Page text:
Showing at the Glasgow Film Festival is the comedy/drama Madame. It is one of these films that tend to pop up every do often that feature an an array of acting talent but without any real pre-release hype. Sometimes that this is a sign of a turkey but in the case of Madame it is probably just that the film is still on the festival circuit and the hope is that good reviews will lead to a bit of buzz before any major release.

Anne (Toni Collette) and Bob (Harvey Keitel) are wealthy Americans living a life of luxury in Paris. As they arrange a large dinner party they find that there are thirteen gusts due to attend. In a panic Anne coerces her long term maid Maria (Rossy de Palma) into attending as a minor Spanish noble woman. She catches the eye of one of the guests who becomes infatuated with her. This causes a real problem for the household as Maria practically runs the place. With her distracted things don’t run so smoothly and her boss is worried that her last minute fix may cause long term problems within the house and within her social circle.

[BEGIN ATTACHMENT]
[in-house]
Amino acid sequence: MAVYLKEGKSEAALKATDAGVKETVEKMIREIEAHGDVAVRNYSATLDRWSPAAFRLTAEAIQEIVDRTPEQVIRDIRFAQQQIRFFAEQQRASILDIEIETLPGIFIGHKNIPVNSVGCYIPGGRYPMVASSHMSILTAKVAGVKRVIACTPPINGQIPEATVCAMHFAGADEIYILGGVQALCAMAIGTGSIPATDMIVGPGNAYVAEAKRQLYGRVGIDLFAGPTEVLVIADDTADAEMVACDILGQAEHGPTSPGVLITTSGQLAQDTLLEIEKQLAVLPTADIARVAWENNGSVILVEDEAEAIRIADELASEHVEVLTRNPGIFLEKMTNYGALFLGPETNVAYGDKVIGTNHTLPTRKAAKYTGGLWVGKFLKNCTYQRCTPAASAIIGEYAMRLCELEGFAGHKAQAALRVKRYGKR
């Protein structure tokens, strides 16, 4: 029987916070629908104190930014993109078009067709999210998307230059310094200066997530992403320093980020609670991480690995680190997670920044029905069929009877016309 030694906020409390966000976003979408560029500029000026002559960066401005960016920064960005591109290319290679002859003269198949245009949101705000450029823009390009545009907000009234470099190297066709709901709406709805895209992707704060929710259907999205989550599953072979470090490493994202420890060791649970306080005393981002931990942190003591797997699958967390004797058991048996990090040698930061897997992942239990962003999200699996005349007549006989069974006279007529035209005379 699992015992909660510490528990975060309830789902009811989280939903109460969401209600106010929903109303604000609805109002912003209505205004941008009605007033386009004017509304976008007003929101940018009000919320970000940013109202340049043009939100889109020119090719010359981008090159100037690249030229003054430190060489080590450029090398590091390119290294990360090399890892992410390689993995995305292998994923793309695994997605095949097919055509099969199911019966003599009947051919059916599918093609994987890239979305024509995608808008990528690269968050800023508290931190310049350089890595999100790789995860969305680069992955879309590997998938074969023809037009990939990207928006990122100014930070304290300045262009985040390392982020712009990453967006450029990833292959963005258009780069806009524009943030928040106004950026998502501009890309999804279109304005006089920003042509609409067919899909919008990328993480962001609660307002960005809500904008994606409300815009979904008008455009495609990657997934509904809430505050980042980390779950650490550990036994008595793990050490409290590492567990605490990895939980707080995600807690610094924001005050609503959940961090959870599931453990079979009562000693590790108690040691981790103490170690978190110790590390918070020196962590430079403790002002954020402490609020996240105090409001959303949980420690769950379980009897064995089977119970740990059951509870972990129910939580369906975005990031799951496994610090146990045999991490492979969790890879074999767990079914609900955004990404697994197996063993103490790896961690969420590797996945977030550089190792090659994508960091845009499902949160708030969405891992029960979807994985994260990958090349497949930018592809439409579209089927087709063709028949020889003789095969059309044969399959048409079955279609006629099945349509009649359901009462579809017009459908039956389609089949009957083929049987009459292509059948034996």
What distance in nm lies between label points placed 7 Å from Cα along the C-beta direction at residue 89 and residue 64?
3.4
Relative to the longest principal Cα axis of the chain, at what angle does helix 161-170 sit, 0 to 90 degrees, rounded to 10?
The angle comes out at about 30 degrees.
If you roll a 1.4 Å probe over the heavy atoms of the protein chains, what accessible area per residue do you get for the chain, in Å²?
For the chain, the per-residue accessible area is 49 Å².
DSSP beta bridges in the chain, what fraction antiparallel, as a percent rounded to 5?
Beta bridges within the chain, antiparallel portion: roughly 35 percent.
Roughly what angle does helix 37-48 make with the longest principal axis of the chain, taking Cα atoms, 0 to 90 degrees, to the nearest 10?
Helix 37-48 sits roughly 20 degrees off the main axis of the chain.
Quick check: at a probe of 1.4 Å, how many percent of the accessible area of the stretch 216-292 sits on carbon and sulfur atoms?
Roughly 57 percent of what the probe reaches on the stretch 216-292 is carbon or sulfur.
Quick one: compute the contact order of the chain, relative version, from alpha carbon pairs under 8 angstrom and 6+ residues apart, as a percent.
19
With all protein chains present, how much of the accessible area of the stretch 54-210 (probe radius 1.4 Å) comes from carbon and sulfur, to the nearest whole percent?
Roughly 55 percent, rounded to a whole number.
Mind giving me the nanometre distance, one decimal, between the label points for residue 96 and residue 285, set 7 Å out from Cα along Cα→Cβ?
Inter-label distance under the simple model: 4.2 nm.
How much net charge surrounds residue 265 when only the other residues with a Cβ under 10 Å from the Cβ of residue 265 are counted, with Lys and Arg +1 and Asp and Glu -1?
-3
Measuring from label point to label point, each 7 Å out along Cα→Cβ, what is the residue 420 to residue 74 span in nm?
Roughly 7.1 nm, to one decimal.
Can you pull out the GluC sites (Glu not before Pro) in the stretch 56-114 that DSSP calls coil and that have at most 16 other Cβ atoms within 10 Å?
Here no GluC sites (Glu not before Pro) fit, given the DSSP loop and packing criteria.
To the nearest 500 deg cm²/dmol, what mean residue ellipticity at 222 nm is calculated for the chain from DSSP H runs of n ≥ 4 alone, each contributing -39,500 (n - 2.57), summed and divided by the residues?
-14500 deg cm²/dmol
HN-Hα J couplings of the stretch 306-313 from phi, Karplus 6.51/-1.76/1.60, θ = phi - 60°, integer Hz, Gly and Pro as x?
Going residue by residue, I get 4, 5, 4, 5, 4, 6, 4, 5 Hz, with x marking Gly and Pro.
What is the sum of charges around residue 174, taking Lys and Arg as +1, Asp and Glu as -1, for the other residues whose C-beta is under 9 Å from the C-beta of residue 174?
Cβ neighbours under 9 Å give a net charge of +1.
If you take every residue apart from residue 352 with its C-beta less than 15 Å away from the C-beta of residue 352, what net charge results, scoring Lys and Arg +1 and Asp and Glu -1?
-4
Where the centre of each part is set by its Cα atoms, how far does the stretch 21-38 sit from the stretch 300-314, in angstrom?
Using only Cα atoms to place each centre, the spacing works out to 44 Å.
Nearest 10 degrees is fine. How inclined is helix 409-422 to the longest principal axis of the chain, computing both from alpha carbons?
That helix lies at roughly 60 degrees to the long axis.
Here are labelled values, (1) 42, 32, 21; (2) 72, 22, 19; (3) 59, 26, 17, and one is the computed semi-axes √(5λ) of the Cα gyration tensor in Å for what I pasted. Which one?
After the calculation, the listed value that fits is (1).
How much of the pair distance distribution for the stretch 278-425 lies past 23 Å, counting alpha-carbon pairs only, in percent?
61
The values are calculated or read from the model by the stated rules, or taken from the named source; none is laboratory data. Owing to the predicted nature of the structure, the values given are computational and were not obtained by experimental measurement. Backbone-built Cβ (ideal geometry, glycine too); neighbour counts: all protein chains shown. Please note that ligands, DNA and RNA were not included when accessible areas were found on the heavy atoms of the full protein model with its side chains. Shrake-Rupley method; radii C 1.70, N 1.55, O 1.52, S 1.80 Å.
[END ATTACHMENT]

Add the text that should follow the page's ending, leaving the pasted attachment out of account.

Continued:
This is a mixed up film consisting of a comedy of manners and elements of romantic drama. It is roughly a 50/50 split in terms of screen time. The comedic elements are light which makes the situations more realistic. There is no over the top scenes to spoil the enjoyment. The main thrust of the romantic drama is the trials of Maria but there are at least two sub plots that examine the marriage of Anne and Bob. On the surface they appear to the definition of a stable union. Just below the surface we get a look at the reality in all its rather seedy detail. Anne is pursuing an affair with the husband of one of her close friends while Bob is using the excuse of learning French to have romantic trysts with the much younger tutor.

The star of the show is Rossy de Palma. She is a mainstay of the films of Pedro Almodovar. Rossy is an imposing presence given her striking looks and height. She has great comic timing which she uses to the best effect here. It’s not  all comedy as Maria finds herself in a tricky situation not of her making. She is beholden to her boss with regard to education of her daughter back in Spain. So, the potential romantic interlude is a source of  strain for her. Rossy plays it very subtly, never giving in to the temptation to go over the top.


John McArthur
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